Criticism of Timberlake and Jackson came mainly from the right. Liberals scoffed at the idea of getting worked up over "one exposed breast." But the problem wasn't the breast; the problem was how it was exposed—through an act of stylized male sexual aggression, an apparent preamble to rape. (After Timberlake's advance, Jackson pretended to recoil in fear.) Does anyone with a son or a daughter want to see such behavior glorified? For that matter, do liberal feminists?
This wasn't the most egregious specimen of contemporary culture, but it was about the most prominent—a national, even global, advertisement of American values. By denouncing it, Kerry could have endeared himself to millions of American parents and gotten pundits commenting on his maverick moral streak. Then on to Jerry Springer ...
One thing that may have kept Kerry and other Democrats away from this issue is the dreaded liberal cultural elite. Whenever you start moralizing in a remotely Victorian way, some artists, writers, and directors start screaming about censorship. (And Katha Pollitt gets really annoyed—as we may see soon!)
Of course, they've got it wrong: Censorship is officially imposed restraint (e.g., the fines that the FCC levied over the incident), not mere criticism. What's more, criticism can be an antidote to censorship. Moral sanction and legal sanction are the only two kinds of sanction there are, and, human nature being what it is, a society needs one or the other to stay healthy.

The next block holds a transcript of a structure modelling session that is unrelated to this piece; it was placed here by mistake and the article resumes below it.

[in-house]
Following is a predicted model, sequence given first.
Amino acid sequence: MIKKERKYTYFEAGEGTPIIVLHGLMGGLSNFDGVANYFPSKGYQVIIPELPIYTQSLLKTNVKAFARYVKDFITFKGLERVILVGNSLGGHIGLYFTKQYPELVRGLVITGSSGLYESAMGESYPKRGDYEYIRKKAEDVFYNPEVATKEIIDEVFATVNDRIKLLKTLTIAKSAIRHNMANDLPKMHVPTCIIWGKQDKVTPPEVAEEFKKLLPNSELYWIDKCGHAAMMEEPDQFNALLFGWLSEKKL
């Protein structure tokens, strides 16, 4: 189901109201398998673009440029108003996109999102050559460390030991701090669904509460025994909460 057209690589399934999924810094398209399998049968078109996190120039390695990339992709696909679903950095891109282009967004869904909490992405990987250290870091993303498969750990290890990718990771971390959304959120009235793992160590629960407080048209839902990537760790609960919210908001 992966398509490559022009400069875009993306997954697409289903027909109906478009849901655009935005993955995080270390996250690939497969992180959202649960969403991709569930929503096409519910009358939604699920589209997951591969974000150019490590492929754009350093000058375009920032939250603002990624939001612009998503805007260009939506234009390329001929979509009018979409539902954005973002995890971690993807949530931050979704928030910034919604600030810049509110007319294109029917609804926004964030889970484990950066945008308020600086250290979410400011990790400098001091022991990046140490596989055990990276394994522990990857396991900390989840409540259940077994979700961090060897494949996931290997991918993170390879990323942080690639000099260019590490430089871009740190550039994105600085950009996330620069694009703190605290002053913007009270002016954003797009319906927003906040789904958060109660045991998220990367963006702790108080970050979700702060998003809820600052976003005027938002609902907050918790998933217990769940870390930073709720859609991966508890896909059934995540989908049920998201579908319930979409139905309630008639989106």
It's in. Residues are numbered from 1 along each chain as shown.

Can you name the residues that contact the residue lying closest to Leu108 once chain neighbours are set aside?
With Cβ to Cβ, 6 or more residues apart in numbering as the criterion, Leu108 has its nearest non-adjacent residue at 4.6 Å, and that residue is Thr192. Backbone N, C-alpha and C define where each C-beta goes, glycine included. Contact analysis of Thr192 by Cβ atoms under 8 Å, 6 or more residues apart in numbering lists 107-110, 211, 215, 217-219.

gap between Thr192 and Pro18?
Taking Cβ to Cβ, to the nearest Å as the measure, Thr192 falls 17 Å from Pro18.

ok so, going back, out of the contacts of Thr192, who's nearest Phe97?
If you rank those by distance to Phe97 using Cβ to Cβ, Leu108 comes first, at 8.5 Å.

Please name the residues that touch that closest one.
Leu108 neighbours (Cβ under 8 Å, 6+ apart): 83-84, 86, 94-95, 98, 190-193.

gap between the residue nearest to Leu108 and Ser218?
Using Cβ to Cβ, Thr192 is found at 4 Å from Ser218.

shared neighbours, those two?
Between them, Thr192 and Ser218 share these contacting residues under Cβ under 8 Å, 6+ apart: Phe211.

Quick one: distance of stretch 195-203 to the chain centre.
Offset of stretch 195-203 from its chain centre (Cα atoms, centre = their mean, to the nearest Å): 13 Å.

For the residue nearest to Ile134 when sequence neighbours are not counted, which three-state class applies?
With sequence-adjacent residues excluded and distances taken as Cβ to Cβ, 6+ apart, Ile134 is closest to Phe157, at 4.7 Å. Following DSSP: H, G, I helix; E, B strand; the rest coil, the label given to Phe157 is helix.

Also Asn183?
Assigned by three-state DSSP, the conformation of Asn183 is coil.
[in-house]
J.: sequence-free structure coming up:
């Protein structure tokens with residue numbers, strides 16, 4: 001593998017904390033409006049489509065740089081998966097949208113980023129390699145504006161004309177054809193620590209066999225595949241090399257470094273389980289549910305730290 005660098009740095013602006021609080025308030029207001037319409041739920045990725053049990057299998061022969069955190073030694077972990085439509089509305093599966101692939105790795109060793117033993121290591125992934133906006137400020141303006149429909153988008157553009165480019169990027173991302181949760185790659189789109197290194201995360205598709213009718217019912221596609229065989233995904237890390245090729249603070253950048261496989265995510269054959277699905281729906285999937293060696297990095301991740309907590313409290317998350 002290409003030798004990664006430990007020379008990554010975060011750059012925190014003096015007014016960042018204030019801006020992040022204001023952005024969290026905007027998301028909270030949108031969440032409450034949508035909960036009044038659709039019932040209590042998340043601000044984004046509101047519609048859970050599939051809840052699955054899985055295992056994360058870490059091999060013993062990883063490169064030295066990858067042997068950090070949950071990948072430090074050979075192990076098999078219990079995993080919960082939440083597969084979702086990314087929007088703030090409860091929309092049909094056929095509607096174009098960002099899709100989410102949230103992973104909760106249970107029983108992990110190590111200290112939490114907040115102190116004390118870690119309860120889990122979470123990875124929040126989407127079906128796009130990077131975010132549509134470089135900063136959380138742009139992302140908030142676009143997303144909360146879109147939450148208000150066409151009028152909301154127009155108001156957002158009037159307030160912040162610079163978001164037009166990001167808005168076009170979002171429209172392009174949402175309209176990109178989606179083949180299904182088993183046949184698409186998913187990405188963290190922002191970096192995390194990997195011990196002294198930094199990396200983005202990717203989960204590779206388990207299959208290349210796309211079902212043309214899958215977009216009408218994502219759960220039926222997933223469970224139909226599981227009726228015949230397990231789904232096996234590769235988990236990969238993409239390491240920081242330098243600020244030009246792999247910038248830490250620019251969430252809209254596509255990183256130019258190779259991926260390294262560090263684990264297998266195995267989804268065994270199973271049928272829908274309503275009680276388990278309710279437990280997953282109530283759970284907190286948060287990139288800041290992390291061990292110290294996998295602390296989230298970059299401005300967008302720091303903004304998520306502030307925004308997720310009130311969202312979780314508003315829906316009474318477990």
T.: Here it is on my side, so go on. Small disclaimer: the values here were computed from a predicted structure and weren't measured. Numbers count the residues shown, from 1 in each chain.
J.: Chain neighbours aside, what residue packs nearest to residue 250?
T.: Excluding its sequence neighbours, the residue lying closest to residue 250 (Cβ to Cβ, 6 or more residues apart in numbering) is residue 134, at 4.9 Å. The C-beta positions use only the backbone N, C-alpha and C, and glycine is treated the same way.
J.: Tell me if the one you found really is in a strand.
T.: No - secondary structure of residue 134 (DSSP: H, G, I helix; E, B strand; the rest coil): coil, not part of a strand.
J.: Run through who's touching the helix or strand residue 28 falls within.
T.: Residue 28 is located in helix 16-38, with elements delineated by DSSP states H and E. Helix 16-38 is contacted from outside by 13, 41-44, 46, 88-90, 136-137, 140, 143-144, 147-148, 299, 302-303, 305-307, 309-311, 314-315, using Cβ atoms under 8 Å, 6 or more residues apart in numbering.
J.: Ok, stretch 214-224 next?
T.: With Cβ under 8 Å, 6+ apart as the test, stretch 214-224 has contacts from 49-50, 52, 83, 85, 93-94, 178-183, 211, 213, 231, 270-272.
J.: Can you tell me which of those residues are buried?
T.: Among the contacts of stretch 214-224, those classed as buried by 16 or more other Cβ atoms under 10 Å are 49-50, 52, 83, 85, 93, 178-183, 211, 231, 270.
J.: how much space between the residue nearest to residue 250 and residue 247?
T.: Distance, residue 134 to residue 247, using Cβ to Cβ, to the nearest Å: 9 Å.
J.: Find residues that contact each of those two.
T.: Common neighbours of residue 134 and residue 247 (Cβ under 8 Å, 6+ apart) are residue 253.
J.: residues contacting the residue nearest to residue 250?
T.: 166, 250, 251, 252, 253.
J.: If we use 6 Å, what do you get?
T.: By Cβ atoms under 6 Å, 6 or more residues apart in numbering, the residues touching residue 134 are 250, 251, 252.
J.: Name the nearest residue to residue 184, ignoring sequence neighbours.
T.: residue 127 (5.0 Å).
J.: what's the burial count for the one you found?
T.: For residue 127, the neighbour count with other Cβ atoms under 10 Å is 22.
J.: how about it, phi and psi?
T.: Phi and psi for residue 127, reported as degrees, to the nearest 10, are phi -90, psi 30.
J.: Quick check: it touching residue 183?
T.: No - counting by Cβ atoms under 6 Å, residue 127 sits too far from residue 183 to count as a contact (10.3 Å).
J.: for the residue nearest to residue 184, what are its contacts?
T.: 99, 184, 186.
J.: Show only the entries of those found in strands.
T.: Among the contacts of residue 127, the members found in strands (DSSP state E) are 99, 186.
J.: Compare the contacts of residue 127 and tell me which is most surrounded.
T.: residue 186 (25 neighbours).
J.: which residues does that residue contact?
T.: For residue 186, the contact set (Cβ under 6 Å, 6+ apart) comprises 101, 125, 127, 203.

If Democrats felt a little freer to moralize, they wouldn't, of course, take over Bush's evangelical base. Still, without giving an inch on gay rights, abortion rights, school prayer, etc., they can make some inroads into the "moral" component of Republican support. But so long as they consider it their sacred duty to applaud Quentin Tarantino or to quietly endure Britney Spears, they may stay where they were this week: 140,000 votes shy in Ohio.
P.S.: I suspect liberal bloggers may organize multicity demonstrations on Inauguration Day. If so, my advice is to make the demonstrations thematically simple and hence broadly inclusive. The basic message, chanted again and again, should be along the lines of: "He doesn't speak for us." That's something lots of us can agree on, and something the world should hear.
Robert Wright, a senior editor at <a linktype="External" resizable="yes" href="http://www.theatlantic.com/robert-wright/">The <http://www.theatlantic.com/robert-wright/%22%3eThe> <http://www.theatlantic.com/robert-wright/%22%3eThe> Atlantic</a>, a fellow at the New America Foundation, and editor-in-chief of <a linktype="External" resizable="yes" href="Bloggingheads.tv">Bloggingheads.tv</a>, is the author of <a linktype="External" resizable="yes" href="http://www.amazon.com/gp/product/0679758941/ref=as_li_ss_tl?ie=UTF8&tag=slatmaga-20&linkCode=as2&camp=1789&creative=390957&creativeASIN=0679758941">Nonzero, <a linktype="External" resizable="yes" href="http://www.amazon.com/gp/product/0679763996/ref=as_li_ss_tl?ie=UTF8&tag=slatmaga-20&linkCode=as2&camp=1789&creative=390957&creativeASIN=0679763996">The Moral Animal</a>, and <a linktype="External" resizable="yes" href="http://www.amazon.com/gp/product/B0045JK6HE/ref=as_li_ss_tl?ie=UTF8&tag=slatmaga-20&linkCode=as2&camp=1789&creative=390957&creativeASIN=B0045JK6HE">The Evolution of God</a>.
Illustration by Robert Neubecker.